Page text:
March 20, 2019 | Story | No Comments
Early on Friday, WarnerMedia announced it was shuttering FilmStruck, its streaming service that traffics exclusively in classic Hollywood and arthouse movies–everything from On the Town to Seven Samurai to Night of the Living Dead. In a statement, the company noted that the FilmStruck was “largely a niche service,” a fact that was actually part of the two-year-old streamer’s appeal: Drawing titles from the voluminous Warner Bros. catalog and the prestigious Criterion Collection, FilmStruck was one of the only services catering to incurable movie nerds, the kind of enthusiasts who could devour all three previous iterations of A Star is Born in a single weekend. It’s a huge loss, one with grave implications for what the streaming environment might look like in the future.
FilmStruck wasn’t the only casualty of the recent merger between AT&T and Time Warner: Last week, the newly minted monolith closed down the on-again, off-again digital comedy platform Super Deluxe, while the popular Korean-language provider DramaFever was axed just a few days prior. Both were dynamic, creatively vibrant outlets with dedicated fanbases.
But that’s not enough for WarnerMedia chief John Stankey, who’s made it clear his company and its providers can’t merely be huge–they have to be massive enough to accrue “hours of engagement,” he told employees at an internal meeting in July. That way, he noted, “you get more data and information about a customer that then allows you to do things like monetize through alternate models of advertising as well as subscriptions, which I think is very important to play in tomorrow’s world.”
What’s clearly not important in that new strategy is smaller platforms like Super Deluxe or FilmStruck–outlets that can’t possibly provide enough users (and user data) to make them worth the company’s time. It’s a pragmatic calculation, one that’s to be expected when we willingly appoint technocrats as our cultural gatekeepers. But it also seems short-sighted: If WarnerMedia’s plan is to roll all of its offerings into one giant stand-alone service–as the company is expected to do next year–it’s the niches that will make it stand apart from the countless other streams. One reason for Netflix’s success is that it strives to appeal to everyone–sitcom enthusiasts, true-crime lovers, baking-contest addicts. Its breadth of programming, from high-budget limited series to tiny documentaries, is what makes it feel essential to everybody.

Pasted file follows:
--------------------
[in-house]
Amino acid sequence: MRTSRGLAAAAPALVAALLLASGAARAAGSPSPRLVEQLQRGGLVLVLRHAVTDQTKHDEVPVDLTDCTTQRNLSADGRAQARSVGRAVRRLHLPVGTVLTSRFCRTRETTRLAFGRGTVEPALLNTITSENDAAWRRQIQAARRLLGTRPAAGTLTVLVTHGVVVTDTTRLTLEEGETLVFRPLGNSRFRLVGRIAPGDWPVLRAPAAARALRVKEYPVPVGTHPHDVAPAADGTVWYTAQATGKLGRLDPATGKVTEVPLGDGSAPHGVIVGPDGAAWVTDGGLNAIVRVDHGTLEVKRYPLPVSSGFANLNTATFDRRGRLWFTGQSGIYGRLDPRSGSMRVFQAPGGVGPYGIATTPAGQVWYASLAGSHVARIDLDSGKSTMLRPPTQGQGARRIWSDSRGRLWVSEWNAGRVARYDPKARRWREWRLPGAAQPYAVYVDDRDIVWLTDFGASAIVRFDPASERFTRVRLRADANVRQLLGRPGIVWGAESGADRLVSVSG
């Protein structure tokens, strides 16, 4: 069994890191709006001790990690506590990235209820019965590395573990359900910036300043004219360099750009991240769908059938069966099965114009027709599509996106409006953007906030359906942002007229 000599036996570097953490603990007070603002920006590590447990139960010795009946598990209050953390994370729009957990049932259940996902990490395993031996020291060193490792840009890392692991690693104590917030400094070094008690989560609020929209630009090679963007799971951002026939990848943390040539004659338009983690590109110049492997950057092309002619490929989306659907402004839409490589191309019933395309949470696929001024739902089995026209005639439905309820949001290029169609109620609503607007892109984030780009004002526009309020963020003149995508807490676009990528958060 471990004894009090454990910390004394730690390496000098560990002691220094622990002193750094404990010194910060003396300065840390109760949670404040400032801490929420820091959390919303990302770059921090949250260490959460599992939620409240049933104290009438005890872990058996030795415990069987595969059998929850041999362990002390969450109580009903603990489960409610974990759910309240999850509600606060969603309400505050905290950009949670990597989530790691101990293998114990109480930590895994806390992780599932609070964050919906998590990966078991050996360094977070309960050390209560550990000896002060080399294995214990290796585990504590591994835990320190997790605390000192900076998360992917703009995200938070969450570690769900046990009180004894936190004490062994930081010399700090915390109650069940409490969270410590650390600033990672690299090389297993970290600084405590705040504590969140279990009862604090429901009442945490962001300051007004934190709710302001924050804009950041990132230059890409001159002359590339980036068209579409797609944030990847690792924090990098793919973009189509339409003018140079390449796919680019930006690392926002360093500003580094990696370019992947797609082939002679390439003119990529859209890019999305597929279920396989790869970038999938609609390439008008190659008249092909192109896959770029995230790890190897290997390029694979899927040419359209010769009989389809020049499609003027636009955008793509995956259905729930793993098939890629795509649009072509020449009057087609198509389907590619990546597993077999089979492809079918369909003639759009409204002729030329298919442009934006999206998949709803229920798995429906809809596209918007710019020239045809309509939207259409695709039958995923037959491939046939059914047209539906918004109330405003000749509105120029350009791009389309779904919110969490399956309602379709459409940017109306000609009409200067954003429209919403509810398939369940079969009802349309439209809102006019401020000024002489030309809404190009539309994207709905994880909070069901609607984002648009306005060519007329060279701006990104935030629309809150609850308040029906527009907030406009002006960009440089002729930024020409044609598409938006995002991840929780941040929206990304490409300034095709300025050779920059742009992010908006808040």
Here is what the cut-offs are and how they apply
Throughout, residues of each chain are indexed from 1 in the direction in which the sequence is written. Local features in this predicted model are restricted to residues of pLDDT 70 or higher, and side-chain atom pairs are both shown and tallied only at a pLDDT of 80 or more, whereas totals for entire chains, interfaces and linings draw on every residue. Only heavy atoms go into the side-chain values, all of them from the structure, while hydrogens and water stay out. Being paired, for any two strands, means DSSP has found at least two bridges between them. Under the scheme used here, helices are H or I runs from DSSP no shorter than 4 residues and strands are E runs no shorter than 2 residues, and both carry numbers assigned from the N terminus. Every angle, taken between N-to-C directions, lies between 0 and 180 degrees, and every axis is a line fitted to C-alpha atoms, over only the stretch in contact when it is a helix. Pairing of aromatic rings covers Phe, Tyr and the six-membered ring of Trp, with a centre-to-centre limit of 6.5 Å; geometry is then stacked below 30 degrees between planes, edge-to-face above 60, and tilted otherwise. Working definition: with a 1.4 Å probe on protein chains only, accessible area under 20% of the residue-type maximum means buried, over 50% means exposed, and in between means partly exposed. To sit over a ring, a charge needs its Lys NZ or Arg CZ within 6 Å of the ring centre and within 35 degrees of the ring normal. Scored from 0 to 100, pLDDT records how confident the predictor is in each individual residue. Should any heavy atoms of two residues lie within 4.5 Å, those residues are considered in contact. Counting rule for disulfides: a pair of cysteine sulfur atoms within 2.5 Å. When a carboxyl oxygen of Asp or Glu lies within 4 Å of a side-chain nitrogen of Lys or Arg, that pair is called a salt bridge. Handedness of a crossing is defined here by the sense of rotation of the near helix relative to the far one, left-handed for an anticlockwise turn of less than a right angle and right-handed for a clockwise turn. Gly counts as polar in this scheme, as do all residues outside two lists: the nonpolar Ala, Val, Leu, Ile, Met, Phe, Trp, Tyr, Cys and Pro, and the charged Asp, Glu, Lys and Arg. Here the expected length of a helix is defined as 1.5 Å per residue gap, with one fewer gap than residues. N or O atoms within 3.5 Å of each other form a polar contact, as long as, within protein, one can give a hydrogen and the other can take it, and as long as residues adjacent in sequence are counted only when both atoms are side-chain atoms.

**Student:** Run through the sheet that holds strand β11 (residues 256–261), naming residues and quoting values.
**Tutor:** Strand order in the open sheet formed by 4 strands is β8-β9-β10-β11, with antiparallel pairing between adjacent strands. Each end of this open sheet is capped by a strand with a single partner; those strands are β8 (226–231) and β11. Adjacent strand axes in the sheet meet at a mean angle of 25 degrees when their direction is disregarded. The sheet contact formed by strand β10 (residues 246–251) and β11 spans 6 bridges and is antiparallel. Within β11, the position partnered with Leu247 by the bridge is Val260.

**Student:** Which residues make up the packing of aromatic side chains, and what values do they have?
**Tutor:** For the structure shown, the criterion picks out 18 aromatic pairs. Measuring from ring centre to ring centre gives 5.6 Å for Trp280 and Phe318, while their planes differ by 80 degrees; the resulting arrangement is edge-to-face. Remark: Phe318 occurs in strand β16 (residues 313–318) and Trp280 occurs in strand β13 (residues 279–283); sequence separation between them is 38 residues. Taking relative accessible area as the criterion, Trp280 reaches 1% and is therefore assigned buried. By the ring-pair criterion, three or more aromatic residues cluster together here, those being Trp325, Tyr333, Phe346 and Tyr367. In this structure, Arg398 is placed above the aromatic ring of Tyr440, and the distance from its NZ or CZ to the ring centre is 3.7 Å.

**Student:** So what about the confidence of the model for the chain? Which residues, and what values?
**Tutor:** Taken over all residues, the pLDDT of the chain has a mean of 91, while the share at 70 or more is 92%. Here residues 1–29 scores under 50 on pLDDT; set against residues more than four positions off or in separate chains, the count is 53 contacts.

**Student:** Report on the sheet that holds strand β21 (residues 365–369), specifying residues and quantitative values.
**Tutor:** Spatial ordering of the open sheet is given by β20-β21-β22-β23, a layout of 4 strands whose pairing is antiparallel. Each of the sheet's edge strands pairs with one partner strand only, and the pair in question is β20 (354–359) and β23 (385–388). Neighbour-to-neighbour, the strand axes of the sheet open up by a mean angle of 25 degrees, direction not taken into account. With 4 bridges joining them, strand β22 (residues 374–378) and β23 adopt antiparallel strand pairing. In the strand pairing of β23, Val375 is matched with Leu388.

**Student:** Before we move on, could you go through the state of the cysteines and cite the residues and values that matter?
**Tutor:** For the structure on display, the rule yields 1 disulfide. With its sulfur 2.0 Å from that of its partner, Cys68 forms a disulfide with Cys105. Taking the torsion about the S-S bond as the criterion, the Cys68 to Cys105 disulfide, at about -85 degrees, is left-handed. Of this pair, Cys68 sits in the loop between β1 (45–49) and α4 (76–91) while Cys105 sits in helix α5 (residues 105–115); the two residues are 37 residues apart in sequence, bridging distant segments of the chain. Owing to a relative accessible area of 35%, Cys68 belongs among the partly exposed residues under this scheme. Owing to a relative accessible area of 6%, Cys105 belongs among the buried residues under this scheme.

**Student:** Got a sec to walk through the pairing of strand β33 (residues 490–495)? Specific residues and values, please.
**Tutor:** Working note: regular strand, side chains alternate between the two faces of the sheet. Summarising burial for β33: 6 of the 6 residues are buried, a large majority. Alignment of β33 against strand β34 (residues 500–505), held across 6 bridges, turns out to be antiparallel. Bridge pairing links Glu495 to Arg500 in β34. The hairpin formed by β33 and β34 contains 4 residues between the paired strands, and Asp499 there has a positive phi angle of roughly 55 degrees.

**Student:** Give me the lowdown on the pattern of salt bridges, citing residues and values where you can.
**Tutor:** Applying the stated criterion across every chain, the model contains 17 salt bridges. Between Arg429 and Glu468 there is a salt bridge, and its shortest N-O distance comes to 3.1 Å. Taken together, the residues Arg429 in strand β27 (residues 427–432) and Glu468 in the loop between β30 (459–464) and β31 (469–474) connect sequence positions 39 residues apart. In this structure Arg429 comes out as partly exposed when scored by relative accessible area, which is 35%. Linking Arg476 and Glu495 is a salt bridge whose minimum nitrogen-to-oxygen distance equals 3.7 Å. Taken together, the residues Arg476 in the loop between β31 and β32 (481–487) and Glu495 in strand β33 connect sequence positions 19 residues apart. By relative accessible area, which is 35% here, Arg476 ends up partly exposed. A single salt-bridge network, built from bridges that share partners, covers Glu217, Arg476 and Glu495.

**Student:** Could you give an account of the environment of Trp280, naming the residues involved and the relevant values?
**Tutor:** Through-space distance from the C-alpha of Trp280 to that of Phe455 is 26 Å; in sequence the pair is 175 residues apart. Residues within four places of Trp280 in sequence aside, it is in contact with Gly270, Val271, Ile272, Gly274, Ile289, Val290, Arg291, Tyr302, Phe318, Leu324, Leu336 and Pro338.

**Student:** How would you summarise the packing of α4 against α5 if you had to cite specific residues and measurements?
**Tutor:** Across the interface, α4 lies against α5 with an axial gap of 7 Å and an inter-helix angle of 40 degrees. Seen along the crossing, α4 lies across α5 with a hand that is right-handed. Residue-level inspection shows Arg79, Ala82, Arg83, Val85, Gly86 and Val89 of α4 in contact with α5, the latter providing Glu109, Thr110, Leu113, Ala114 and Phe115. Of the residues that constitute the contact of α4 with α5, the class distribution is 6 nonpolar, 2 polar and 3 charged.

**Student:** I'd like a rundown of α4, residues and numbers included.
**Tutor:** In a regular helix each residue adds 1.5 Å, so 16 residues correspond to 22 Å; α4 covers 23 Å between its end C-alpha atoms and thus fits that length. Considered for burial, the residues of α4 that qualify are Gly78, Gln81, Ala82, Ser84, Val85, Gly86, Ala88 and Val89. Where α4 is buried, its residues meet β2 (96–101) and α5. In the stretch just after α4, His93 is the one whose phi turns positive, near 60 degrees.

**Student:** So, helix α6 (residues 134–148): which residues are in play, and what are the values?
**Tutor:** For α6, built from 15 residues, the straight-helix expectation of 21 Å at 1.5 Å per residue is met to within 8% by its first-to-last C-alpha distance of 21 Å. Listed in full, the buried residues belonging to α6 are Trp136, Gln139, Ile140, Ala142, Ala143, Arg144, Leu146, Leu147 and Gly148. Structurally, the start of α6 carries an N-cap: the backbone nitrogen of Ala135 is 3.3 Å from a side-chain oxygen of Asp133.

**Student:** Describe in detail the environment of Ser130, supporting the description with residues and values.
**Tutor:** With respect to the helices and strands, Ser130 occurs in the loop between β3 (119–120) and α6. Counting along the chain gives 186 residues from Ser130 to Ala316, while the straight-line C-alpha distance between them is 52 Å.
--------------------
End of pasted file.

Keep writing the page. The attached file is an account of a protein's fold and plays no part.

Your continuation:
If WarnerMedia had eventually rolled FilmStruck into its bigger service, it would have been an enticing add-on for movie lovers, who are largely underserved by the big streaming services. The film catalogs of Netflix, Hulu, and Amazon Prime are barely curated and erratically arranged: They’re great if you randomly want to watch The Terminator on a Thursday night, but good luck finding too many older or more oddball offerings on those platforms. And with video stores dead, landing a physical copy of, say, The Seventh Seal requires far more legwork than it once did.
Which is what made FilmStruck so special: At a time when non-blockbuster movies are being devalued–both in theaters and at home–it was a smart, accessible portal into movie history. Most streaming services encourage passivity; they want you to sit back and turn over hours to your life to the screen, without having to search too hard. FilmStruck, with its clean interface and manageable line-up, allowed you to dig around. It was the equivalent of a knowledgeable but none-too-pushy video-store clerk, pointing you toward titles like Seven Brides for Seven Brothers or Purple Noon or The American Friend–the kind of classics that are all but buried on other services. And it did so with enthusiasm and lots of background intel (FilmStruck often included commentary tracks, a huge plus for at-home movie scholars).
Thankfully, there are other streaming options for cinephiles; MUBI, Kanopy, and Fandor offer up decades-spanning archives. But the sudden demise of FilmStruck should serve as a dire warning to anyone who believed the streaming era would open up our cultural history: The more we entrust our art to the tech-titans, the quicker it can disappear. FilmStruck closes at the end of November, giving you another month to mainline as many film-essentials as possible. Hopefully, its offerings will end up somewhere else. But even if they do, you may want to pull your old DVDs from the basement and dust them off. In a few years, they may be your best ticket to watching the classics.CULTURE